Are you OK if your furniture gets a few scratches?

Cats scratch. Additionally, they are natural climbers along with your furniture will become their jungle. If you care about your stuff, you are going to need to protect it somehow. Because of this, Denberg says cats are somewhat harder than dogs when it comes to interior design. “Cats get on furniture, are more invasive,” she states. “They get on kitchen counters. Cats have more accessible cubic footage than puppies. They can get anywhere.”

Most homeowners respond by giving cats additional things to scratch on, which often satisfies this requirement. But while scratching articles are great,”nobody wants to look at them,” Denberg states. Additionally, they don’t always stop cats from testing their claws out on anything else. If that is a issue, you may wish to think about eliminating that valuable piece of furniture for a while, or covering it.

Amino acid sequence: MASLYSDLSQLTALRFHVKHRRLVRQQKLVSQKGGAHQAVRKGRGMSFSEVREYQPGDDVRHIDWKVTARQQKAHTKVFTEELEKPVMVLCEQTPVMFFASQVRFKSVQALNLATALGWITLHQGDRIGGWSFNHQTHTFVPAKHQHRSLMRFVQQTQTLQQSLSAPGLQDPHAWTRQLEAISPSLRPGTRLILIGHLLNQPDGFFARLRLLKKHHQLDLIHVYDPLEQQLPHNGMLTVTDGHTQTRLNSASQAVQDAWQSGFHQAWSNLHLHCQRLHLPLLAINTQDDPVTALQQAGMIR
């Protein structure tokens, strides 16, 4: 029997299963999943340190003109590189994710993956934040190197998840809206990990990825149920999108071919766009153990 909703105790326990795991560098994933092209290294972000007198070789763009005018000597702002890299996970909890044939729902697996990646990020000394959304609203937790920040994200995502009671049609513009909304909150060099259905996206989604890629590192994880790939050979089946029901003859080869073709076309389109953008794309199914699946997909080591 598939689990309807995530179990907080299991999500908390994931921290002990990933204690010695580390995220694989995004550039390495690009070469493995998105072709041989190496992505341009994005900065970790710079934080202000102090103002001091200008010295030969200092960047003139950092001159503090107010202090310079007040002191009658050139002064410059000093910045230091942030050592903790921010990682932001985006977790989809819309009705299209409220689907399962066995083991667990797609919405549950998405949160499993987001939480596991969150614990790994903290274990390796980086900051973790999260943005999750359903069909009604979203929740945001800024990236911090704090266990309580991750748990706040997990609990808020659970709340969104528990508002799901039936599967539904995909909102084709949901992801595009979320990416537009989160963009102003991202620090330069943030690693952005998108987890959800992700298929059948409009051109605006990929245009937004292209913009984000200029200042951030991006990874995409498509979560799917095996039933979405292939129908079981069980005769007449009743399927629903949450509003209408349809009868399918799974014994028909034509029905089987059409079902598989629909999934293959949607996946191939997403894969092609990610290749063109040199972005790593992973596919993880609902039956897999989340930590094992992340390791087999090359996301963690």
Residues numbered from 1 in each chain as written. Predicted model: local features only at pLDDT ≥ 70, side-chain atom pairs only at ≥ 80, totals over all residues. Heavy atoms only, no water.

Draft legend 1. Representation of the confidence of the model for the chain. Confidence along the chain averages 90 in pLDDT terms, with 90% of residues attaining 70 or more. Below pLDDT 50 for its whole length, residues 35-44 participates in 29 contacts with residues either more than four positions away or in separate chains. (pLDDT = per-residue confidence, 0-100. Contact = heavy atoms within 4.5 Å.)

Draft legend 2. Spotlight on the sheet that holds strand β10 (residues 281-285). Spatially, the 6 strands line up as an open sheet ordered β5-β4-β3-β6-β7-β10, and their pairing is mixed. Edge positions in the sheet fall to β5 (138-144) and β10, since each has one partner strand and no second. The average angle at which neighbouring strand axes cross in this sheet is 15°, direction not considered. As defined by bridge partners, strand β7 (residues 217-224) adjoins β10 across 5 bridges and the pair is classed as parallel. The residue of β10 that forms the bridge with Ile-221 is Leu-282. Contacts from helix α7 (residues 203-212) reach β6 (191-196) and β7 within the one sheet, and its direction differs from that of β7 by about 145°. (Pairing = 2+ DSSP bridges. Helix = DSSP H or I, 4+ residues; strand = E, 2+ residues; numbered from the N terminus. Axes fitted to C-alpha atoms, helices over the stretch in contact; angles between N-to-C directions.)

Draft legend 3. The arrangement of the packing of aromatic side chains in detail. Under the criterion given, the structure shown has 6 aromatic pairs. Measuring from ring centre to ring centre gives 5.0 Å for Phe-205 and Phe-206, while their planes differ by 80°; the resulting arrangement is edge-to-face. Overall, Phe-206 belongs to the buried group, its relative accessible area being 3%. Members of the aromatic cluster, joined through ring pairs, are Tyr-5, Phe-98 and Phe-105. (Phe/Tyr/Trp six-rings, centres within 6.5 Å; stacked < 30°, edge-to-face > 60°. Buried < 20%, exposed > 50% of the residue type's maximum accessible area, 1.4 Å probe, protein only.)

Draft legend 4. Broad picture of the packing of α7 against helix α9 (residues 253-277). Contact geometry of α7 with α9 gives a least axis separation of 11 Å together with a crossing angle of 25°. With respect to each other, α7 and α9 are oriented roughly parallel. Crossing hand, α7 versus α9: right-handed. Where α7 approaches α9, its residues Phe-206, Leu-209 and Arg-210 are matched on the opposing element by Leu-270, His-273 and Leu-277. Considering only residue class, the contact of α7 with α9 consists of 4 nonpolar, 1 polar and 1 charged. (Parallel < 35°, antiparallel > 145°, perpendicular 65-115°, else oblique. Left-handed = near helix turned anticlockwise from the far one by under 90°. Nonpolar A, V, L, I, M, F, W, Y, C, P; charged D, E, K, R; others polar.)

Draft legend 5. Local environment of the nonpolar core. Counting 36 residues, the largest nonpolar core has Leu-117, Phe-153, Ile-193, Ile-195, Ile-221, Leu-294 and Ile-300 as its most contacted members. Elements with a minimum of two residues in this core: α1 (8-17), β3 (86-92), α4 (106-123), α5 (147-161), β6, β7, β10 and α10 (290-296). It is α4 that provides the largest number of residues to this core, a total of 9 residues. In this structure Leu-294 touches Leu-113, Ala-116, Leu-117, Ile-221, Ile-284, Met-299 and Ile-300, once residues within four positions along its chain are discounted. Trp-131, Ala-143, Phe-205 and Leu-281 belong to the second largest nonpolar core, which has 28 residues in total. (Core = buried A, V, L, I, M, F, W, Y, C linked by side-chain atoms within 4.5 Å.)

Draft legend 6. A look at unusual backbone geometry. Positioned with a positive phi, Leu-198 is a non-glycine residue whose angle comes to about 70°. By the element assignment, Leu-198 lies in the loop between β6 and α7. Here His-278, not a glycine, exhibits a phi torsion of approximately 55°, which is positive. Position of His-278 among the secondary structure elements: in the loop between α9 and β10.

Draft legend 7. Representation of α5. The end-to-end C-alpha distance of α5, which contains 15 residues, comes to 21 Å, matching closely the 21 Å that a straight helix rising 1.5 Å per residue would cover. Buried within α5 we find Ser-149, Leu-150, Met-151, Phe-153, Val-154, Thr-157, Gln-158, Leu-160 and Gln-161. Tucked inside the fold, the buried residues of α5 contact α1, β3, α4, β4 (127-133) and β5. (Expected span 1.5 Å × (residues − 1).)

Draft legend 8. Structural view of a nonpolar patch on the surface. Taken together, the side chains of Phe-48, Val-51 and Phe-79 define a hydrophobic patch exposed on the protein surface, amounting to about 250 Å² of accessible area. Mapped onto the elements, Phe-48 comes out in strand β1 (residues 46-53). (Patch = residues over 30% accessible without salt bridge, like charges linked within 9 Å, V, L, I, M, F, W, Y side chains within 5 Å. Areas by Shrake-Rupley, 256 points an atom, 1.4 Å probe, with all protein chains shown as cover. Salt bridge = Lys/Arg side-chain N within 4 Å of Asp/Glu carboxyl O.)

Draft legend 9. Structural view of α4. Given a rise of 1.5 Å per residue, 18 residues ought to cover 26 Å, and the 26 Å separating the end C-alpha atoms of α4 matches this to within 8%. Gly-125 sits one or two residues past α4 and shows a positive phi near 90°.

In this Philadelphia house, the proprietor wrapped a wardrobe post with rope for a design-minded alternative to the carpet scratching post.

PT Designs Inc.. Paula Tranfaglia – Decorating Den

If you are remodeling a home or purchasing new furniture and know you’ll be receiving a cat, maintain the fabrics in mind. “Avoid silk, linen and cottons, if at all possible,” Denberg states.

Instead, get pet-friendly fabrics that are durable and easy to wash. Denberg suggests upholstering furniture in commercial fabrics that are generally found in pubs. “It is not the cheapest way to go upfront, but it saves money over time so that you will not be purchasing a new chair every few decades. They’re treated, hard and offer more bang for your buck,” she says. “If you’re able to live with a few of the fabrics, do it.”